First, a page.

SRINAGAR, India – Six police were killed Friday when rebels fighting against Indian rule ambushed a police vehicle in Indian-controlled Kashmir, while two civilians were killed and several others injured in clashes that erupted during a gunbattle between rebels and government forces in the disputed region, officials and witnesses said.
Senior police officer S.P. Pani said militants sprayed gunfire at the police vehicle in the southern Achabal area. All six officers onboard were killed, he said.
No other details were immediately available.
On Thursday, two police officers were killed in two separate shootings by suspected rebels in Srinagar, the region's main city, and in the southern Kulgam area.
At the funeral of one of the slain policemen on Friday, hundreds of people chanted slogans calling for Kashmir's freedom from Indian rule.
Earlier Friday, government forces cordoned off Arwani village in the south on a tip that at least two Kashmiri rebels were hiding there, said inspector-general of police Muneer Ahmed Khan.
Fighting erupted when the militants began firing in an attempt to break through the siege, Khan said.
Villagers said soldiers blasted at least two houses with explosives.
As the fighting raged, thousands of people in the village and neighboring areas ignored the government security lockdown and marched to Arwani in an attempt to help the trapped rebels escape. They hurled rocks at the troops and chanted slogans against Indian rule.
Police said a young man and a teenage boy were killed and at least five others were wounded in the crossfire between the government forces and rebels. However, villagers dismissed the police version, saying the casualties occurred when the Indian forces fired live ammunition, shotgun pellets and tear gas to disperse the protesters.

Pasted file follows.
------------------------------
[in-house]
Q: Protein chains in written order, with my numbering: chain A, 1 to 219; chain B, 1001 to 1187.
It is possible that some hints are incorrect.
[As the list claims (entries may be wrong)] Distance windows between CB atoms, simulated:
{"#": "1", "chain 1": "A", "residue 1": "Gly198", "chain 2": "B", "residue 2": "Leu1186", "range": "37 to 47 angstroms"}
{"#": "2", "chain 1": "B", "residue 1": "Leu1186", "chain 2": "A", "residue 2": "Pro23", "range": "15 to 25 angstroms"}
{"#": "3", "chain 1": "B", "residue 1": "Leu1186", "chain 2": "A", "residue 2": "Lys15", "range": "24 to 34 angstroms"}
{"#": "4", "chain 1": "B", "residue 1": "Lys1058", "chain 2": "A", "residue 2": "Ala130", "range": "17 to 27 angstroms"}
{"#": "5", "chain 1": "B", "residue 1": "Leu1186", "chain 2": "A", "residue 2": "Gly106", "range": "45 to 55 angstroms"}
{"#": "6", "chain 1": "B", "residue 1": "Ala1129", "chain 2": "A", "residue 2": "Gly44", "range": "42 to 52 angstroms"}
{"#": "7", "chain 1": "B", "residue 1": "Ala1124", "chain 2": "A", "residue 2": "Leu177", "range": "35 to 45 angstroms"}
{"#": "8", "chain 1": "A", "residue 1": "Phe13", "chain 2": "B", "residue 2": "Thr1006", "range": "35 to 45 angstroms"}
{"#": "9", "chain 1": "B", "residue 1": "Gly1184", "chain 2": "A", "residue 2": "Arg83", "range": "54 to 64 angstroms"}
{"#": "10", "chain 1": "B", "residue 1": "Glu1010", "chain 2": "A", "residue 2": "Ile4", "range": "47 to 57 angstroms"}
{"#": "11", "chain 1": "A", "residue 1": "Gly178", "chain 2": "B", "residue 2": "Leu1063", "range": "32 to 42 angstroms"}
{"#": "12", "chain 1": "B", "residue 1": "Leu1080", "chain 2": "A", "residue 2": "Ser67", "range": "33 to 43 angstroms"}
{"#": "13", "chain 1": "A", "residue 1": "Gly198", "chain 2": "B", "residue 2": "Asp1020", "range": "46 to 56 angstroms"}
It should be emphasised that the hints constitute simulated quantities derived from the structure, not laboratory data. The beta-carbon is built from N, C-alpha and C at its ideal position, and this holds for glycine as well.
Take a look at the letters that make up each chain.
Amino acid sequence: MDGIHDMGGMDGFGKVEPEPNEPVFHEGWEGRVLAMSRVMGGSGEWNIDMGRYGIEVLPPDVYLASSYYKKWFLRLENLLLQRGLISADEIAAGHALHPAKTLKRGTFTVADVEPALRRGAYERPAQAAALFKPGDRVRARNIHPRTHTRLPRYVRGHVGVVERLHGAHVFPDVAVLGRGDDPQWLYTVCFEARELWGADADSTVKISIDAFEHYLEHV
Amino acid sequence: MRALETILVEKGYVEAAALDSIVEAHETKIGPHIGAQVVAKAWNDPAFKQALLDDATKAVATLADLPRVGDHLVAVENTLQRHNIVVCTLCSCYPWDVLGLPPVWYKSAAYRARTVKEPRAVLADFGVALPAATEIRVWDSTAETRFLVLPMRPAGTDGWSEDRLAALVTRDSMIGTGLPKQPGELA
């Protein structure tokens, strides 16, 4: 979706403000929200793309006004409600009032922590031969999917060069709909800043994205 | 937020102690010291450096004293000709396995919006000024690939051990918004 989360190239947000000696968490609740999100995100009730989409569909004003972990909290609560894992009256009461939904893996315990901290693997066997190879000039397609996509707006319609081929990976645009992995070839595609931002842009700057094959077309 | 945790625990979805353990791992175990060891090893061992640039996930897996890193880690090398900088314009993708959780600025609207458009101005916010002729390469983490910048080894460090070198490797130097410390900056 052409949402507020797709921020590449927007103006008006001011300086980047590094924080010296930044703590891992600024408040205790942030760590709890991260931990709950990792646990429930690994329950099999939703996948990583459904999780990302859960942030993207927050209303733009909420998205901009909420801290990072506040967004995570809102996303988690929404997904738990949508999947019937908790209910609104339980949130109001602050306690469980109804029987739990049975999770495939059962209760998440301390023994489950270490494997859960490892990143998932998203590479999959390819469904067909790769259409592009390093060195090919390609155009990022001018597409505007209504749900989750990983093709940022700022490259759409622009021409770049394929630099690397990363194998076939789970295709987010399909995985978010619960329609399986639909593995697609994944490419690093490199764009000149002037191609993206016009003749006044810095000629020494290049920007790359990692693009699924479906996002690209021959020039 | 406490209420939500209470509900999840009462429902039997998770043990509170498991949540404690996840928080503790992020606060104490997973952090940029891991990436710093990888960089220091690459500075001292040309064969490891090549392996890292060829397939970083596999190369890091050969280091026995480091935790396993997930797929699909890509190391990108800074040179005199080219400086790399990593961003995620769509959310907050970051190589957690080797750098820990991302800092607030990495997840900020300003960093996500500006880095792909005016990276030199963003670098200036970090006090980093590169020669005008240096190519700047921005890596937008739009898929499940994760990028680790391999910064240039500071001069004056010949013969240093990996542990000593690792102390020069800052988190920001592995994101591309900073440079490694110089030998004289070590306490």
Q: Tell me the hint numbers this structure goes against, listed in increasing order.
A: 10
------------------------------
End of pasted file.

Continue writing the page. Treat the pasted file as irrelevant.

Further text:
Authorities suspended mobile internet services in Kashmir and cellphone service in some areas of southern Kashmir, fearing activists would mobilize anti-India protests in the region.
Protests against Indian rule followed by clashes were also reported in other areas of the region. Several people were reportedly injured.
In recent years, Kashmiris, mainly youths, have displayed open solidarity with anti-India rebels and sought to protect them by engaging troops in street clashes during military operations against the militants. The anti-India protests and clashes have persisted despite the Indian army chief warning recently that "tough action" would be taken against stone throwers during counterinsurgency operations.
Separatist leaders who challenge India's sovereignty over Kashmir called for a general strike on Saturday to protest the killings.
Also on Friday, Indian soldiers fired at a taxi after it ignored orders to halt at a checkpoint in northern Bandipora, Khan said. Two civilians received bullet injuries but were reported to be out of danger.
Nuclear-armed rivals India and Pakistan each administer part of Kashmir, but both claim the Himalayan territory in its entirety. Rebel groups have been fighting since 1989 for Kashmir's independence or merger with neighboring Pakistan. Nearly 70,000 people have been killed in the fighting and the ensuing Indian crackdown.
Anti-India sentiment runs deep among the region's mostly Muslim population and most people support the rebels' cause against Indian rule.
India has accused Pakistan of arming and training the rebels, which Pakistan denies.
Rebel groups have largely been suppressed by Indian forces in recent years and public opposition to Indian rule is now principally expressed through street protests.